Tuesday, November 16, 2010

How To Argue

Given that we're all human, there will come a time or two (or three or four or more) when we'll find ourselves in an argument with someone else. It happens.

The question is how best to handle an argument. Which probably sounds like a bit of an oxymoron, since we're often taught the best method with which to approach disagreements is avoiding them. Certainly we should try to skip needless arguments. However, people being people disagreements will arise. How to handle them?

Author Barry Eisler recently offered some suggestions:

  • Insults and the Golden Rule. Speak to the other person in the manner to which you wish to be spoken. Lay off the sarcasm.
  • No one cares about your opinion. This sounds harsh, but it is often the case. Argue with logic, reason and facts as your basis, not "want to know what I think?"
  • Your ego is your enemy. The moment you make an argument about yourself, or take things too personally, you're tap-dancing in a minefield. Remain detached.
  • Good argument is good conversation. Keep the tone and demeanor warm. As my Mom often said, you catch a lot more flies with honey than vinegar.
  • Avoid false binaries. If you employ an either/or scenario in your argument, make sure it's logically and factually sound. "Either we lower taxes or the blue meanies will invade Pepperland" notions should be avoided.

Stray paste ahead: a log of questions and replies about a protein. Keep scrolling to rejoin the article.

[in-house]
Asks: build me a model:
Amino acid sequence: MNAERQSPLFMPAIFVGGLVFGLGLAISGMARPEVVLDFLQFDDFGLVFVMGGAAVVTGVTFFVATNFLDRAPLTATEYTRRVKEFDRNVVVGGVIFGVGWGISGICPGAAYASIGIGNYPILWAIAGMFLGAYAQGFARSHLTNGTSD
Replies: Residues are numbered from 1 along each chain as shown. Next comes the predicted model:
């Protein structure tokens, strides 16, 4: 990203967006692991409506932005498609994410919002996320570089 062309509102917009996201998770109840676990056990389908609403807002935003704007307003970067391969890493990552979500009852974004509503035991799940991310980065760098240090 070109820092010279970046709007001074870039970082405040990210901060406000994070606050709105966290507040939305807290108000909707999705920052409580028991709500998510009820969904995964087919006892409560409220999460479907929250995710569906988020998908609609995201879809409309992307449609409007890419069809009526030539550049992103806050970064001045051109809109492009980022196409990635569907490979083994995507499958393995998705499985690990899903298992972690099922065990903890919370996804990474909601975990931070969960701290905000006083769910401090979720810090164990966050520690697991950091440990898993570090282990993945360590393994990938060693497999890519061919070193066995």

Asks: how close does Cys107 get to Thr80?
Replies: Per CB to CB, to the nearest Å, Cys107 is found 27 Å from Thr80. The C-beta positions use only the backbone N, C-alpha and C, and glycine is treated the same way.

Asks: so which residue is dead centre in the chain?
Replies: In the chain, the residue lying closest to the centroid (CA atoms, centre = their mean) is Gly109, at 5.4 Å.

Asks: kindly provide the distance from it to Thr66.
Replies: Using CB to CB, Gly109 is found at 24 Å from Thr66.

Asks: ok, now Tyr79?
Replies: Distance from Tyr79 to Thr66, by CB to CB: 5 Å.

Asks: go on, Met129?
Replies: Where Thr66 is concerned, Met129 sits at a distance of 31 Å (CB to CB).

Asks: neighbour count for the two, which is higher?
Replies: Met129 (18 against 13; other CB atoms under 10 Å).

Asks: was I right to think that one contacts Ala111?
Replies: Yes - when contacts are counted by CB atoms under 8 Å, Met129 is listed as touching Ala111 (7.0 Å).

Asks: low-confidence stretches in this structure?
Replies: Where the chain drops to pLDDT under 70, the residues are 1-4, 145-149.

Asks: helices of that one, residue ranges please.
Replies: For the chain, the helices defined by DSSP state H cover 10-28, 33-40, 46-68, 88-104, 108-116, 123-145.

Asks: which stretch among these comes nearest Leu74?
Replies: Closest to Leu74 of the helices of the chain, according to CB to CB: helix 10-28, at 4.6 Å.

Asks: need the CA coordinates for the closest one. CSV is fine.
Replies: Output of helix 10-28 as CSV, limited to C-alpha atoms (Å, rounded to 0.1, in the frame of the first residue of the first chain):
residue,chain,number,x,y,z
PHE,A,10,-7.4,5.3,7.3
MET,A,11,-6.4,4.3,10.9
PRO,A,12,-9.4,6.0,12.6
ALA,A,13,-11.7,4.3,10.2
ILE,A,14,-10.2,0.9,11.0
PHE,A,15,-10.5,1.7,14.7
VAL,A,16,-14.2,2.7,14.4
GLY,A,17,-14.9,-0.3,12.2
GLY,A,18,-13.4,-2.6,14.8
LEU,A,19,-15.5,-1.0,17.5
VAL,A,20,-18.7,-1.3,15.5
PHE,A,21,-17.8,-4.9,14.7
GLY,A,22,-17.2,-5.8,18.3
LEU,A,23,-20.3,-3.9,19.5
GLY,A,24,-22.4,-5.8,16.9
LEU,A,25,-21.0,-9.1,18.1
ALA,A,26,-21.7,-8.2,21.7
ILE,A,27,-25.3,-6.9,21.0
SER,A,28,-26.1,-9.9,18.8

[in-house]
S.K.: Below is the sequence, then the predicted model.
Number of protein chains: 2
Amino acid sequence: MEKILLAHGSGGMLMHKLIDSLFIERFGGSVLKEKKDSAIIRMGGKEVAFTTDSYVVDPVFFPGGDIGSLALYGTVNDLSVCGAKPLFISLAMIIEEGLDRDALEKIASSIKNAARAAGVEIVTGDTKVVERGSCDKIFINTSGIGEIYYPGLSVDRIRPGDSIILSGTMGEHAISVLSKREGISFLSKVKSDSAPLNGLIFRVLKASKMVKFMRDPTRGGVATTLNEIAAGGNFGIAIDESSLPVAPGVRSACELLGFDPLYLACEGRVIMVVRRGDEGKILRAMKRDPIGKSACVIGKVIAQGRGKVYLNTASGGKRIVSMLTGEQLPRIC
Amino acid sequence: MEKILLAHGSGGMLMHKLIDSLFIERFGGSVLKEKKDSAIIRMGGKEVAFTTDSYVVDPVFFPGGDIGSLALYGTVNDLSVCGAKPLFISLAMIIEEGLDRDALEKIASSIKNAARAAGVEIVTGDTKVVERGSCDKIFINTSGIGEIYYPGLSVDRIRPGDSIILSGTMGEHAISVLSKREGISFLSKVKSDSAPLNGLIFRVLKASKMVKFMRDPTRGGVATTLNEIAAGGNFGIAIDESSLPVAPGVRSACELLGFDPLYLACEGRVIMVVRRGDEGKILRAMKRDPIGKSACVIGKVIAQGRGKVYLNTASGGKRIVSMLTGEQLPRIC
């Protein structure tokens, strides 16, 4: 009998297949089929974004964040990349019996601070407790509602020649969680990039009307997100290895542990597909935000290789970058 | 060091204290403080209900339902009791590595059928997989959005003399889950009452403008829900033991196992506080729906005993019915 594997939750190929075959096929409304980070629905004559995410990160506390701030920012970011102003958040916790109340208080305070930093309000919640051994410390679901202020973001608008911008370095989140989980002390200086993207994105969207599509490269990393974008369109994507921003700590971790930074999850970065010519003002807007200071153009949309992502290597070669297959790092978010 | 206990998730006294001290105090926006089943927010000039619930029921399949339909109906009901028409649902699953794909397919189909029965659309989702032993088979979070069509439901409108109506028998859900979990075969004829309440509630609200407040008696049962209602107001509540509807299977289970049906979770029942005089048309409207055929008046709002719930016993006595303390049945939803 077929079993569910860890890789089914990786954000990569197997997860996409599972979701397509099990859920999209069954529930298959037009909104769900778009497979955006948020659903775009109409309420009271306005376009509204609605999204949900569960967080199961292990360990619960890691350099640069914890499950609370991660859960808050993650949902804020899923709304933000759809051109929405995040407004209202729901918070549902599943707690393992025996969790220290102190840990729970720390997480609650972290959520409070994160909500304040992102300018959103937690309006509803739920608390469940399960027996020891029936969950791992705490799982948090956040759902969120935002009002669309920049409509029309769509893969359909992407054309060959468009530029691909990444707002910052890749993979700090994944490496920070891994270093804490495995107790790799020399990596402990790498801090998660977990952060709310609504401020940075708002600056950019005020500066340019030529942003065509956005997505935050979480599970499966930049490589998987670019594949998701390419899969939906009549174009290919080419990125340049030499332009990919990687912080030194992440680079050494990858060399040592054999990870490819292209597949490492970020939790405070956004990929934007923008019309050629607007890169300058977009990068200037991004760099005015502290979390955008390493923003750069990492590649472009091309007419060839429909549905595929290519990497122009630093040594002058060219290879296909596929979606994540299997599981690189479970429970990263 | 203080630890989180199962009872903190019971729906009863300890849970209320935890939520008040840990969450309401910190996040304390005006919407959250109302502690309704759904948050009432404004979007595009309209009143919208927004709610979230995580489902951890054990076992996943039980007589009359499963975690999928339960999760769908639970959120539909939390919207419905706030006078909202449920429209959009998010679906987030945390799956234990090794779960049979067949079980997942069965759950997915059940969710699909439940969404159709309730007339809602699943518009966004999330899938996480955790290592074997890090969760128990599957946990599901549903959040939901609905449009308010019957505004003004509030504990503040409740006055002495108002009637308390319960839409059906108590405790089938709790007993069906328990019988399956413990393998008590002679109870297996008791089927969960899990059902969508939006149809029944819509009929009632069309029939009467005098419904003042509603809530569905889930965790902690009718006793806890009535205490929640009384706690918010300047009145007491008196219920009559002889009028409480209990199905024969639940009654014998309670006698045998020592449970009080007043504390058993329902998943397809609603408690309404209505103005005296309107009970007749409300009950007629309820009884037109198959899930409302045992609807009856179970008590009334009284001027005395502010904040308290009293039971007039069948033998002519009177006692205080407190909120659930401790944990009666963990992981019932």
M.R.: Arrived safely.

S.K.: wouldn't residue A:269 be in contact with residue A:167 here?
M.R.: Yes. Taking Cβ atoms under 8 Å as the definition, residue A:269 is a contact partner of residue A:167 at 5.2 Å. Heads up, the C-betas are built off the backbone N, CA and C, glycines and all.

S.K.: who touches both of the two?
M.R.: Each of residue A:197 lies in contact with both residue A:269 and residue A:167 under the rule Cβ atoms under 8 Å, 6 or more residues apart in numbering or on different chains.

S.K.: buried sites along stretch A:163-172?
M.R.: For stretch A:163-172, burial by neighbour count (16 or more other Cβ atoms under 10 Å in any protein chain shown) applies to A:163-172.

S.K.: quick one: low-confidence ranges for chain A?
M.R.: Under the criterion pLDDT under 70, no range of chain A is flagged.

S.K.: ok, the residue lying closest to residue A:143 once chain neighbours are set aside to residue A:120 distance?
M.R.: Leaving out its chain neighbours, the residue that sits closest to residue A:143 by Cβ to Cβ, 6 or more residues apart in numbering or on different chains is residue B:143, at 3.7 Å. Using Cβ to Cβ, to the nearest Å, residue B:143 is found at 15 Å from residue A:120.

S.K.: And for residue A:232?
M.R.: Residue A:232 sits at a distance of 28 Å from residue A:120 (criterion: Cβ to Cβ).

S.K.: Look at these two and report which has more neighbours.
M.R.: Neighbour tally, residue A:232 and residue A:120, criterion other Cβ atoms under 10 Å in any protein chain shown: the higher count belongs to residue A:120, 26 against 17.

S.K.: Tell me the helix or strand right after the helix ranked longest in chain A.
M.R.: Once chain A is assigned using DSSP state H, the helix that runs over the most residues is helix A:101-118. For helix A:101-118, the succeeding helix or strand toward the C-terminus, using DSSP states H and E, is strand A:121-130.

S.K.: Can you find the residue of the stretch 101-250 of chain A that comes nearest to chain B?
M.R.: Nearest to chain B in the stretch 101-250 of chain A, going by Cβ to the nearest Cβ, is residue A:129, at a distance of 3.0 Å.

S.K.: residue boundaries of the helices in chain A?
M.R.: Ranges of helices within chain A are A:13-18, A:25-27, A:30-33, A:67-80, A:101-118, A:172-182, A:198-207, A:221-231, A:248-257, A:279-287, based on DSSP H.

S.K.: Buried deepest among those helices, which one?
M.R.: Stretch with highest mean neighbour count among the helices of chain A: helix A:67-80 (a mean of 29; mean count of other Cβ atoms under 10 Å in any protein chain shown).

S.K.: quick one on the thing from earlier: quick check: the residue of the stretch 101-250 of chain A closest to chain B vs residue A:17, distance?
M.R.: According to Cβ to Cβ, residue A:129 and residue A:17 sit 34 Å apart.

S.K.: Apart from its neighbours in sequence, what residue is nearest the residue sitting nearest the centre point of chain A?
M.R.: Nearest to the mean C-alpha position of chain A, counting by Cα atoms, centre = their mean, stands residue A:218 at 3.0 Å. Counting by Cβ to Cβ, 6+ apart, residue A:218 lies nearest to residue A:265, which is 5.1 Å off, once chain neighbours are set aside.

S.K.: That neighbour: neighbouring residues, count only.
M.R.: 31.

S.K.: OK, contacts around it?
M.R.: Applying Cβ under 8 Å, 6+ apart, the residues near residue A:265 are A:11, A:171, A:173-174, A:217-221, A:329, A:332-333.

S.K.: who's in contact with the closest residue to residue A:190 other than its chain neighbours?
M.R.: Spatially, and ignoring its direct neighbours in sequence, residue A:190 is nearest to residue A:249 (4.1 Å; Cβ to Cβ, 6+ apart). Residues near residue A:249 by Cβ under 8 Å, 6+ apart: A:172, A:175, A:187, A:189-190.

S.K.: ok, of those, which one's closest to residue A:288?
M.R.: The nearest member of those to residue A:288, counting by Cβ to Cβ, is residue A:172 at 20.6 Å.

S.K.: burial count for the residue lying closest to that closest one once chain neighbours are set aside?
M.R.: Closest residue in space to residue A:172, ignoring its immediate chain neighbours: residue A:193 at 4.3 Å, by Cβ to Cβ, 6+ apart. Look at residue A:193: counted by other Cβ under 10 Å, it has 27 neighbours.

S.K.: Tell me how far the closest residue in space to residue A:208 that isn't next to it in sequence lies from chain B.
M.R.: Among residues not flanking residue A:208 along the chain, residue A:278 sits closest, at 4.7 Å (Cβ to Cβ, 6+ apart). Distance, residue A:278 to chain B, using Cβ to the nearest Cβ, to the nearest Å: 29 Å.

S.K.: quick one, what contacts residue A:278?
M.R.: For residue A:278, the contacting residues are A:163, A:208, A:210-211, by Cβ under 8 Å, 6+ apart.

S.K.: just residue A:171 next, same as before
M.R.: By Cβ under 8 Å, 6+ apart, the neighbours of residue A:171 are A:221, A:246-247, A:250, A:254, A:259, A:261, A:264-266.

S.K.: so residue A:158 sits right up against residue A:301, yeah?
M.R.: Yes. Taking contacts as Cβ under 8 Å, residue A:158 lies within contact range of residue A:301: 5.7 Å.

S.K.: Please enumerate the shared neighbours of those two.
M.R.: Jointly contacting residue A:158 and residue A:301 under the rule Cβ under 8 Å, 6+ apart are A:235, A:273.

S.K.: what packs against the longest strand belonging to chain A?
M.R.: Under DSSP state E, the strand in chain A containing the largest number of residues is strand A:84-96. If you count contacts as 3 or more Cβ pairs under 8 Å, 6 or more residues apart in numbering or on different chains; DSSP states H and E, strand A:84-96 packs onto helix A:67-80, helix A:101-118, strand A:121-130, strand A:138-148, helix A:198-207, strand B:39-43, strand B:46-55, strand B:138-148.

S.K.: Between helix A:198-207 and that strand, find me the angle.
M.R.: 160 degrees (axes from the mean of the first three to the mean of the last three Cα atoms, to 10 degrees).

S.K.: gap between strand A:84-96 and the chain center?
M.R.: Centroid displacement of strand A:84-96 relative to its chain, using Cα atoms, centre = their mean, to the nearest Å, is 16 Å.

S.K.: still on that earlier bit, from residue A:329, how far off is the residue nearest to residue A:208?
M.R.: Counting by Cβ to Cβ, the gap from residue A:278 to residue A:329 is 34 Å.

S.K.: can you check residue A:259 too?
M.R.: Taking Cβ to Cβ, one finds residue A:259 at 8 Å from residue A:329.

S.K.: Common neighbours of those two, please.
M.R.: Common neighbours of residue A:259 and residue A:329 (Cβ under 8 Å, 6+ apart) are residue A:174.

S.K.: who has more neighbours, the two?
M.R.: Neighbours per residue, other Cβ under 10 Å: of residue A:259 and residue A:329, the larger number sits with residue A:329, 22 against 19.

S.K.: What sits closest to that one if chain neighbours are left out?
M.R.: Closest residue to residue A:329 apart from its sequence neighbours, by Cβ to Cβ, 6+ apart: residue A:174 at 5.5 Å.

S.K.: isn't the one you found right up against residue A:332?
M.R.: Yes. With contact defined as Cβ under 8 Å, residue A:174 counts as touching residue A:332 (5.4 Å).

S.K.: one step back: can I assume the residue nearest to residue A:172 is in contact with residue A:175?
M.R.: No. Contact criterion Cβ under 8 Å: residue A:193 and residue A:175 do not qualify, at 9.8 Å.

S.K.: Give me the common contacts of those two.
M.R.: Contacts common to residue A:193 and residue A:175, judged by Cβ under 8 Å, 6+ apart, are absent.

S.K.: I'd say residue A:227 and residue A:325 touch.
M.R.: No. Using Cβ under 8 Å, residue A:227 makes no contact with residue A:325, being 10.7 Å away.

• Avoid sham arguments. A prime example of this is using a truism as the basis of your argument. This is a none-too transparent way of saying the person you're arguing with is so dense they can't grasp basic facts. Refer back to the first rule. You don't score points by insinuating the other person is a moron. Also, avoid the straw man technique, which consists of creating someone or something to first attach to the argument, then attack, that has no genuine bearing on the subject at hand.
  • Avoid cliches. They speak of only unoriginality. If you can't come up with anything fresh to express your point of view, why should you expect the other person to accept your point of view as something other than a rehash?
  • Don't digress. Stay on target.
  • Separate the subjective from the objective. Don't dispute the other person's opinion. They have as much right to one as you. Instead, focus on facts.

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